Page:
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OET Listening Section: Essential Resources Guide

OET Test Preparation Specialists

In order to successfully tackle the OET Listening component, you will need to be confident in listening to and understanding a range of topics and scenarios in natural spoken English, in a range of different accents. The following is an overview of some resources that you might find to be useful. There is more information available in the OET Listening Section: Preparation Guide.

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Our OET Nursing Question bank features questions from doctors and admissions specialists, with a range of tutorials.

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Our OET Pharmacy Question bank features questions from UK doctors and pharmacists, with tutorials and tips.

General listening should begin early and should focus on podcasts, YouTube shows, and English language radio shows. You should easily be able to find shows that interest you, and the scope is too broad to provide specific podcasts or shows here. In terms of radio stations, you might find Radio 4 in the UK to be particularly useful. It is typically seen as more intellectual. Radio 5 is also useful – it is typically seen as less intellectual and will allow you to listen to a more ‘representative’ range of accents speaking on a broad range of every-day topics.

Healthcare-specific shows or podcasts form a useful middle ground between general content and content specific to the OET. Some useful resources include:

Podcasts: HealthcareNOW Radio, MedTech​​ Talk, Bright Spots in Healthcare, Digital Health Today, and Healthcare Focus.

Radio Shows: Looking at the UK in particular, you might find Radio 4’s Inside Health and National Health Stories to be useful.

YouTube: Channels that might be of interest include Healthcare Triage with Dr Aaron Carroll, NHS Health Careers, Public Health Scotland, Nuffield Health, and Health Education England. Remember to listen only – do not watch the video, as you will become reliant on visual cues and could then feel lost when only able to hear the audio in the exam. 

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You should then consider the structure of the exam itself, and the kind of content that you are likely to encounter.

 

Part A is composed of two histories, which will involve a medical professional speaking to a patient in a typical healthcare setting. These are relatively formally structured and should be immediately familiar to you from your own work.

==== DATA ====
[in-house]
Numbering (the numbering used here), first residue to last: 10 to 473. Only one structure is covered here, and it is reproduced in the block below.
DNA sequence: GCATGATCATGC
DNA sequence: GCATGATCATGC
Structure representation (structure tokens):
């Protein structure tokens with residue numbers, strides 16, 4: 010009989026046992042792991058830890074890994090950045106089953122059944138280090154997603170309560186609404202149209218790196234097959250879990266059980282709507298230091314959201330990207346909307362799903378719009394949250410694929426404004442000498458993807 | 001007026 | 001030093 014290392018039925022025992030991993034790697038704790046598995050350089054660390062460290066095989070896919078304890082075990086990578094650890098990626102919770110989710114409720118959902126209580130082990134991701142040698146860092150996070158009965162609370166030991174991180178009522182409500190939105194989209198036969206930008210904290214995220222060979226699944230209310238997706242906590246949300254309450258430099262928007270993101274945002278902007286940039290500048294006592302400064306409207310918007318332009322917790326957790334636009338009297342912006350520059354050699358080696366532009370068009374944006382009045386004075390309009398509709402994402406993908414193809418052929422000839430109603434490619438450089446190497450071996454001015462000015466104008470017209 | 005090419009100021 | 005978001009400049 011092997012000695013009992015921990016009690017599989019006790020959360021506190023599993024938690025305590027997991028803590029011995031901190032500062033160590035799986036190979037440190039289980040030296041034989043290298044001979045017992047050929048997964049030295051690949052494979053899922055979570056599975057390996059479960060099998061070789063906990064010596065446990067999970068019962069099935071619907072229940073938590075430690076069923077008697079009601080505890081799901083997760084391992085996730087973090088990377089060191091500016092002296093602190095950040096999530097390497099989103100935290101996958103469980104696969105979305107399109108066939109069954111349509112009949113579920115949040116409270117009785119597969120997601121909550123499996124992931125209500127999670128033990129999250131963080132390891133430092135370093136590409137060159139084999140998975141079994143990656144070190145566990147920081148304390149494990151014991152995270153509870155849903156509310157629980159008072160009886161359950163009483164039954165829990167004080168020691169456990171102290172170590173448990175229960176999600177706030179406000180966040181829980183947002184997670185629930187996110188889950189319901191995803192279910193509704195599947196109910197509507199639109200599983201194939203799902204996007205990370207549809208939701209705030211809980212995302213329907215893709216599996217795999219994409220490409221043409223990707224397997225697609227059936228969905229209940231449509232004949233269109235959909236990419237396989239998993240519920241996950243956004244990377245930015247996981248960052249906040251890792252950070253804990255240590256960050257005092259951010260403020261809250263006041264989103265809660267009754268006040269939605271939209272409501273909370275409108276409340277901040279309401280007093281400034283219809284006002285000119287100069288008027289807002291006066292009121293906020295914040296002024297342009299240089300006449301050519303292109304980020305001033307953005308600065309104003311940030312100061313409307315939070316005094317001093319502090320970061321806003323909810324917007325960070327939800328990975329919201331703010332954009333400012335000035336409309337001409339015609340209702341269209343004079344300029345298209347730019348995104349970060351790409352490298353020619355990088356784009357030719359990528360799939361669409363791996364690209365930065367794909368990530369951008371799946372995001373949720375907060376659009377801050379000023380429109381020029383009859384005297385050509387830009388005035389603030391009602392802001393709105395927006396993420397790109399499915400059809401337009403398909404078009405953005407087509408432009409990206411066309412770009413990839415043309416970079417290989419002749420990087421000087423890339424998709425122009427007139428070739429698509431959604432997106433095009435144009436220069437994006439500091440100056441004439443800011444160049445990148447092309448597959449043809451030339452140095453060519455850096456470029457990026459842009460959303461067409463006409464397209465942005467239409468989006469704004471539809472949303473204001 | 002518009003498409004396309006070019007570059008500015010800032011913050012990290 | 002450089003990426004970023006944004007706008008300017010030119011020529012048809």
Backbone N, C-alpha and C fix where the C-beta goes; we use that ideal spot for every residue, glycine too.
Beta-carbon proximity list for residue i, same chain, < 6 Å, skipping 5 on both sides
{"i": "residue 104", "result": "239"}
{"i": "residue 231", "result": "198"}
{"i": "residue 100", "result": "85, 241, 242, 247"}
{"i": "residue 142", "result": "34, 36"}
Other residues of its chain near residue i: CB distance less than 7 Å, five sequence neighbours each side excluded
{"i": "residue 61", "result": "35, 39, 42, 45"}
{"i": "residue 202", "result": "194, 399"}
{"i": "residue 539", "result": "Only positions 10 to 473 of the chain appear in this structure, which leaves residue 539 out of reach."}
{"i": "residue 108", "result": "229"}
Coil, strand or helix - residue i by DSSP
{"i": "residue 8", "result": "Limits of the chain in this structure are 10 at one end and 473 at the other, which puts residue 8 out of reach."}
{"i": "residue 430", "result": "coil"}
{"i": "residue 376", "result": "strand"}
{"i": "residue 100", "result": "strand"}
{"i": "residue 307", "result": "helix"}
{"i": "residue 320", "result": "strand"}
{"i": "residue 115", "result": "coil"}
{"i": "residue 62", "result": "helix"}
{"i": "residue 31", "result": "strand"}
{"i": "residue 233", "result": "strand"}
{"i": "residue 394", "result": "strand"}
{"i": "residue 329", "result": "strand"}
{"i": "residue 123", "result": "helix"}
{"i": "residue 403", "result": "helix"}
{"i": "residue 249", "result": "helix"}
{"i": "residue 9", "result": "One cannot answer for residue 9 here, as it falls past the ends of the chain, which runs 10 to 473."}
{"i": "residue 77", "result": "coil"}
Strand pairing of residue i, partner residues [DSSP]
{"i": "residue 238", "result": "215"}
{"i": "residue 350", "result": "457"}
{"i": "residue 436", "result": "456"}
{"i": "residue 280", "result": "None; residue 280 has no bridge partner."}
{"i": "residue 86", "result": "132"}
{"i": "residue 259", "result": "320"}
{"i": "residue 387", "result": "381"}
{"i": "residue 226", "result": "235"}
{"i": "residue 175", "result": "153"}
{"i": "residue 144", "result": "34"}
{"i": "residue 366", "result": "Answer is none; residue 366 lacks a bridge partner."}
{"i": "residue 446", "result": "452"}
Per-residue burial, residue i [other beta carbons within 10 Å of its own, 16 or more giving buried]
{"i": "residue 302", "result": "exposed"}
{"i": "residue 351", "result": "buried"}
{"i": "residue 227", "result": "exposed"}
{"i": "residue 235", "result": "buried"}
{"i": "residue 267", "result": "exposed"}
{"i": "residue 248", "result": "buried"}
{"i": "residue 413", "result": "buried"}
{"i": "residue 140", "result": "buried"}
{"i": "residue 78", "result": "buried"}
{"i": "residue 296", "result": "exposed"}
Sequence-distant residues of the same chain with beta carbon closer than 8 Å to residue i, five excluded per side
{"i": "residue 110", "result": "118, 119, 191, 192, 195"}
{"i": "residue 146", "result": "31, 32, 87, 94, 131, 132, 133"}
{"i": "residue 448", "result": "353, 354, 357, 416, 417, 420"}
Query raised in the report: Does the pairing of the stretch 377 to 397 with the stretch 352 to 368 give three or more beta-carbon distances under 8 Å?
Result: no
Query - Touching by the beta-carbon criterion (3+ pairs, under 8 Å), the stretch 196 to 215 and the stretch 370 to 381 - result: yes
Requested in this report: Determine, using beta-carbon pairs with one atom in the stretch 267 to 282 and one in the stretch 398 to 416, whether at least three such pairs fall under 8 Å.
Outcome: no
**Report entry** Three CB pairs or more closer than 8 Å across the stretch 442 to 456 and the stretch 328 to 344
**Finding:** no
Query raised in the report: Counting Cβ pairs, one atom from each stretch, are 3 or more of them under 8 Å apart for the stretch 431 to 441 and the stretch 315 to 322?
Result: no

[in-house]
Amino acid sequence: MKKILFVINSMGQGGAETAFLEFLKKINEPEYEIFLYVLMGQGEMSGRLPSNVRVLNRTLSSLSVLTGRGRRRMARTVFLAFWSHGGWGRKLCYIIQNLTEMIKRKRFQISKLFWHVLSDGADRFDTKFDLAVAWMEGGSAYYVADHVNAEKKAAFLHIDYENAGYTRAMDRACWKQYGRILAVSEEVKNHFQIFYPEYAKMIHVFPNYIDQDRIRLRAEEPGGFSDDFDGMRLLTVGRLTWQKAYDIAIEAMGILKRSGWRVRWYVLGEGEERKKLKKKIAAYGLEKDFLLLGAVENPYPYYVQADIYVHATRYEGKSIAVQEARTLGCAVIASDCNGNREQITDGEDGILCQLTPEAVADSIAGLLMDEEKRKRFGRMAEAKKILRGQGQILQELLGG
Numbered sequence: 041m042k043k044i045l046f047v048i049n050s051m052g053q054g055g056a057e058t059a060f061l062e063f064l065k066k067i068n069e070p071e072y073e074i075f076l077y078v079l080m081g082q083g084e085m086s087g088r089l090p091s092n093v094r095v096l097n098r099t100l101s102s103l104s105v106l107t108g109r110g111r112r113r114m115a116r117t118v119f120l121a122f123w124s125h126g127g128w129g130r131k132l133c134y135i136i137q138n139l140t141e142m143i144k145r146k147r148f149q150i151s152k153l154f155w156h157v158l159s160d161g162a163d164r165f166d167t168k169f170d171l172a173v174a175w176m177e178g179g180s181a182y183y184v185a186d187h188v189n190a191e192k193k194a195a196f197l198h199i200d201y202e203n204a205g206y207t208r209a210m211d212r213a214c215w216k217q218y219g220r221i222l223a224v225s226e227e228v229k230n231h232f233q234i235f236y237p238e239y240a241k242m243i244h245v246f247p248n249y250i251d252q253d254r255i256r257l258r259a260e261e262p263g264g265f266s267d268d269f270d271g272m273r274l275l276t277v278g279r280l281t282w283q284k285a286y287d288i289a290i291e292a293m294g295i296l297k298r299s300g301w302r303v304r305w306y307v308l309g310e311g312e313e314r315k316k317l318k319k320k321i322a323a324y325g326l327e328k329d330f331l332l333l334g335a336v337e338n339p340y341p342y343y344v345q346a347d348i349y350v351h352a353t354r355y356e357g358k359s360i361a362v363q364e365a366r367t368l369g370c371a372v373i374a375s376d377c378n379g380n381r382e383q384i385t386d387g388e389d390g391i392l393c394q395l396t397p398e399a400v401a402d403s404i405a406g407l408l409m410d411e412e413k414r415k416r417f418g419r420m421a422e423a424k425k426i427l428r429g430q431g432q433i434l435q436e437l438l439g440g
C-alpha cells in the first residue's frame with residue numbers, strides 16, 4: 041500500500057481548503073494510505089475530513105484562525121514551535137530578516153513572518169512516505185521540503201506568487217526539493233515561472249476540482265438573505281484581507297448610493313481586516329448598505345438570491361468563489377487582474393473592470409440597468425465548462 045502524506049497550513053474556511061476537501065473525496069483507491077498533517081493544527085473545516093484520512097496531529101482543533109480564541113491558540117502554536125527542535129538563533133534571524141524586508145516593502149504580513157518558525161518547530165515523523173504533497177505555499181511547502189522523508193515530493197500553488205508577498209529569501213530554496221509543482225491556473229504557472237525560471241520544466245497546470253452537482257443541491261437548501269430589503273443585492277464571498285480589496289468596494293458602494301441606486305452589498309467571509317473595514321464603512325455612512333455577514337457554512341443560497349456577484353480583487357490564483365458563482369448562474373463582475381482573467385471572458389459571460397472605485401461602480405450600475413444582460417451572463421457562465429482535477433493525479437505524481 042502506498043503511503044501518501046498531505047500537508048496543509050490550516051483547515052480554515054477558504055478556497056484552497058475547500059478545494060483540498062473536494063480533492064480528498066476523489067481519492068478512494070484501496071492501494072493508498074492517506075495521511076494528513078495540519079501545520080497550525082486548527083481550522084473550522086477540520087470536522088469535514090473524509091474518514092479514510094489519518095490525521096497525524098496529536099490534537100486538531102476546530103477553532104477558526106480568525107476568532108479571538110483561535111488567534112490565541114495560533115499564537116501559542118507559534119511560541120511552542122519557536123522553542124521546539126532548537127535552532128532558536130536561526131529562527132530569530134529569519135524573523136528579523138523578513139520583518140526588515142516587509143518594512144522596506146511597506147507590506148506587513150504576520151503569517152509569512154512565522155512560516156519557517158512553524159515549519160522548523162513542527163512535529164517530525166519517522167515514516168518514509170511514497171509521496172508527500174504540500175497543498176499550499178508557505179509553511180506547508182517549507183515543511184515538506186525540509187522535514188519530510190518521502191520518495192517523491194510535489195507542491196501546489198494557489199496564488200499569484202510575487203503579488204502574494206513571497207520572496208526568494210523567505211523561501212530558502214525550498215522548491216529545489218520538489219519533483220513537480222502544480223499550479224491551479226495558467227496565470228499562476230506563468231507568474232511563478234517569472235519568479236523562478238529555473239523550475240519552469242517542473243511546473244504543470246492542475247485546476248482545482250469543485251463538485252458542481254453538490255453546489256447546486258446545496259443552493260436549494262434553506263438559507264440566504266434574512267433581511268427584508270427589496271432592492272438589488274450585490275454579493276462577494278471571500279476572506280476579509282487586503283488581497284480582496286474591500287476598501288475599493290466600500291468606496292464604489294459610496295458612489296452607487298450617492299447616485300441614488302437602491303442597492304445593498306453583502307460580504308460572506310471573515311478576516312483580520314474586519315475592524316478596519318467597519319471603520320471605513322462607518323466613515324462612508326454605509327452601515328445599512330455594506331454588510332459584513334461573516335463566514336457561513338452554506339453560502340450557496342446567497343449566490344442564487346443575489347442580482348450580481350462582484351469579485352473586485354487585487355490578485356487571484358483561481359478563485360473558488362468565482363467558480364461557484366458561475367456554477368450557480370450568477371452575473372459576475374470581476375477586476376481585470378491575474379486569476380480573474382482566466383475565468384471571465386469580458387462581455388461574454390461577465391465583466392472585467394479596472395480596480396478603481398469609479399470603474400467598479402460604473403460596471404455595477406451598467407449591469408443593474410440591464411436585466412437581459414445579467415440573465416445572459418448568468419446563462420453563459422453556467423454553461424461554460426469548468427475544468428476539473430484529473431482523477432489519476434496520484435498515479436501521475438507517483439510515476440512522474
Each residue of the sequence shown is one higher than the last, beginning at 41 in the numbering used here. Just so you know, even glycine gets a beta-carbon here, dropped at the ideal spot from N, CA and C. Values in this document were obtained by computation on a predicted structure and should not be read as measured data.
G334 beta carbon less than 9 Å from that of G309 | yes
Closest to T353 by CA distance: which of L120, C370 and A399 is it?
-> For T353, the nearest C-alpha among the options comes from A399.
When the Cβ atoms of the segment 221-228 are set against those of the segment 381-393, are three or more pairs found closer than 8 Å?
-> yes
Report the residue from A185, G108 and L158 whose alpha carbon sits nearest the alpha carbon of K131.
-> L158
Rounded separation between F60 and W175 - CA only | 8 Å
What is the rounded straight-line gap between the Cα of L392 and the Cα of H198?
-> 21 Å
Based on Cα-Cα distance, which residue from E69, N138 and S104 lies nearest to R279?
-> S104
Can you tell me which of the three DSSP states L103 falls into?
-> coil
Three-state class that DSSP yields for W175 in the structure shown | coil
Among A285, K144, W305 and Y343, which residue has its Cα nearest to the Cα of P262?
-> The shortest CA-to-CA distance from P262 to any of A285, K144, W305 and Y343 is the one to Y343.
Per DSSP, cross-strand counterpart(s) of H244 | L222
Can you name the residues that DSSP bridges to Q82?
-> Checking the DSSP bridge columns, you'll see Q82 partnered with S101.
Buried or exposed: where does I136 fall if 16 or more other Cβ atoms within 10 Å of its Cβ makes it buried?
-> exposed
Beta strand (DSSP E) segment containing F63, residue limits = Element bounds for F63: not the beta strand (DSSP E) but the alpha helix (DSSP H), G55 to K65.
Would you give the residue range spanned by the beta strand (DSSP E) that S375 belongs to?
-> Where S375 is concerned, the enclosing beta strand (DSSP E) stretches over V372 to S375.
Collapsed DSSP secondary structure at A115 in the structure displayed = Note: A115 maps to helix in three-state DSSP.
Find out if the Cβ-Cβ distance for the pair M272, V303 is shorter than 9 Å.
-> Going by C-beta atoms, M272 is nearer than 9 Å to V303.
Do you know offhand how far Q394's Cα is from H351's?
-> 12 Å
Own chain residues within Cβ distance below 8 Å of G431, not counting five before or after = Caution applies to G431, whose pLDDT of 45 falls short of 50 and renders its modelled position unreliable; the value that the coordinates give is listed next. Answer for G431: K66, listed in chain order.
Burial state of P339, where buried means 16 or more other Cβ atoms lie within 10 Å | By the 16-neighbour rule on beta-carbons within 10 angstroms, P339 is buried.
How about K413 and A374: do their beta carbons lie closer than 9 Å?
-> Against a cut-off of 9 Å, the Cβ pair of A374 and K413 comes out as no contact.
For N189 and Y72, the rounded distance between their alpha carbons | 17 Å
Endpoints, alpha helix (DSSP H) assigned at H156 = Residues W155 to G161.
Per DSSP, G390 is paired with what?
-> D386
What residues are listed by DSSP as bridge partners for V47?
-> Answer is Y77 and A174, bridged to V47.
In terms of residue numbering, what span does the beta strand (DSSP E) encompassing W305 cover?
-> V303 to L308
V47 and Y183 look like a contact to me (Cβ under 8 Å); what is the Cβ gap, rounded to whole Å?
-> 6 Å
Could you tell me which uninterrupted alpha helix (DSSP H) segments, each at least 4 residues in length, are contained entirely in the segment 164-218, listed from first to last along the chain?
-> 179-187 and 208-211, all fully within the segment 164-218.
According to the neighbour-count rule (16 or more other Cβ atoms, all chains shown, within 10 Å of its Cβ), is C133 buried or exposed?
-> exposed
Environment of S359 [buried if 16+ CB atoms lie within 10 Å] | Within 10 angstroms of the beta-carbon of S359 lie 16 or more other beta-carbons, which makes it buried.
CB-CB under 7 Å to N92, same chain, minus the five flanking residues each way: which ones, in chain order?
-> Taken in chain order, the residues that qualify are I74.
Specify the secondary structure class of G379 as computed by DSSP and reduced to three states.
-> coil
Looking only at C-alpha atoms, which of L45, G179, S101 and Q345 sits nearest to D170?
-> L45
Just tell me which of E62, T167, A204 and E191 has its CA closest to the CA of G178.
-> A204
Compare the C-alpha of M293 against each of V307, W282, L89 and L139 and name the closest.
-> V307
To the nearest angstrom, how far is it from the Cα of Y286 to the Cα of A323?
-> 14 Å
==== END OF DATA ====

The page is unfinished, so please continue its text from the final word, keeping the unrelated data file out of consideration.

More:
In order to become familiar with hearing histories being taken in English, you will likely need to rely on YouTube again. We won’t provide specific resources here as there are countless channels dedicated to history taking, and therefore countless videos. Remember to use videos aimed at a range of different specialties and health professionals. You should listen to videos aimed at doctors, medical students, nurses, physiotherapists, pharmacists, occupational therapists, and all other allied health professionals. As above, avoid watching the video, and force yourself to listen only.


Part B is composed of six short passages, each of which features people communicating in a typical healthcare situation. An example might be a night shift handing over to a morning shift in a hospital. This is more difficult to prepare for. You ought to consider the different types of situations you might encounter. You can use dedicated OET practice resources for this, like BlackStone Tutors’ Listening question bank. Having done this, you might then use YouTube again, and use a variety of search terms to generate results. As an example, you might choose to search ‘medical handover,’ and ‘nursing handover’ in order to become familiar with how these are conducted in English. This domain will take time as it is varied; remember that it is impossible to cover all possibilities and you will therefore be reliant on the general vocabulary and structures that you have learned.

Part C is composed of two longer presentations or interviews given by a healthcare professional on a particular topic – an example might be transitioning from being a nurse to being a Physician Associate, for example. This will require practicing listening to general-interest healthcare topics as seen in Part , as well as listening to  overviews of common diseases and information on careers. Remember that information will not be highly technical or specific. You might therefore choose to search on YouTube for videos aimed both at healthcare workers and the general public. Ensure that you become confident in listening to longer (5 minutes plus) passages with only one person speaking, and ensure that you are clear on the information that is being conveyed throughout. Remember to find speakers with different accents from different countries.

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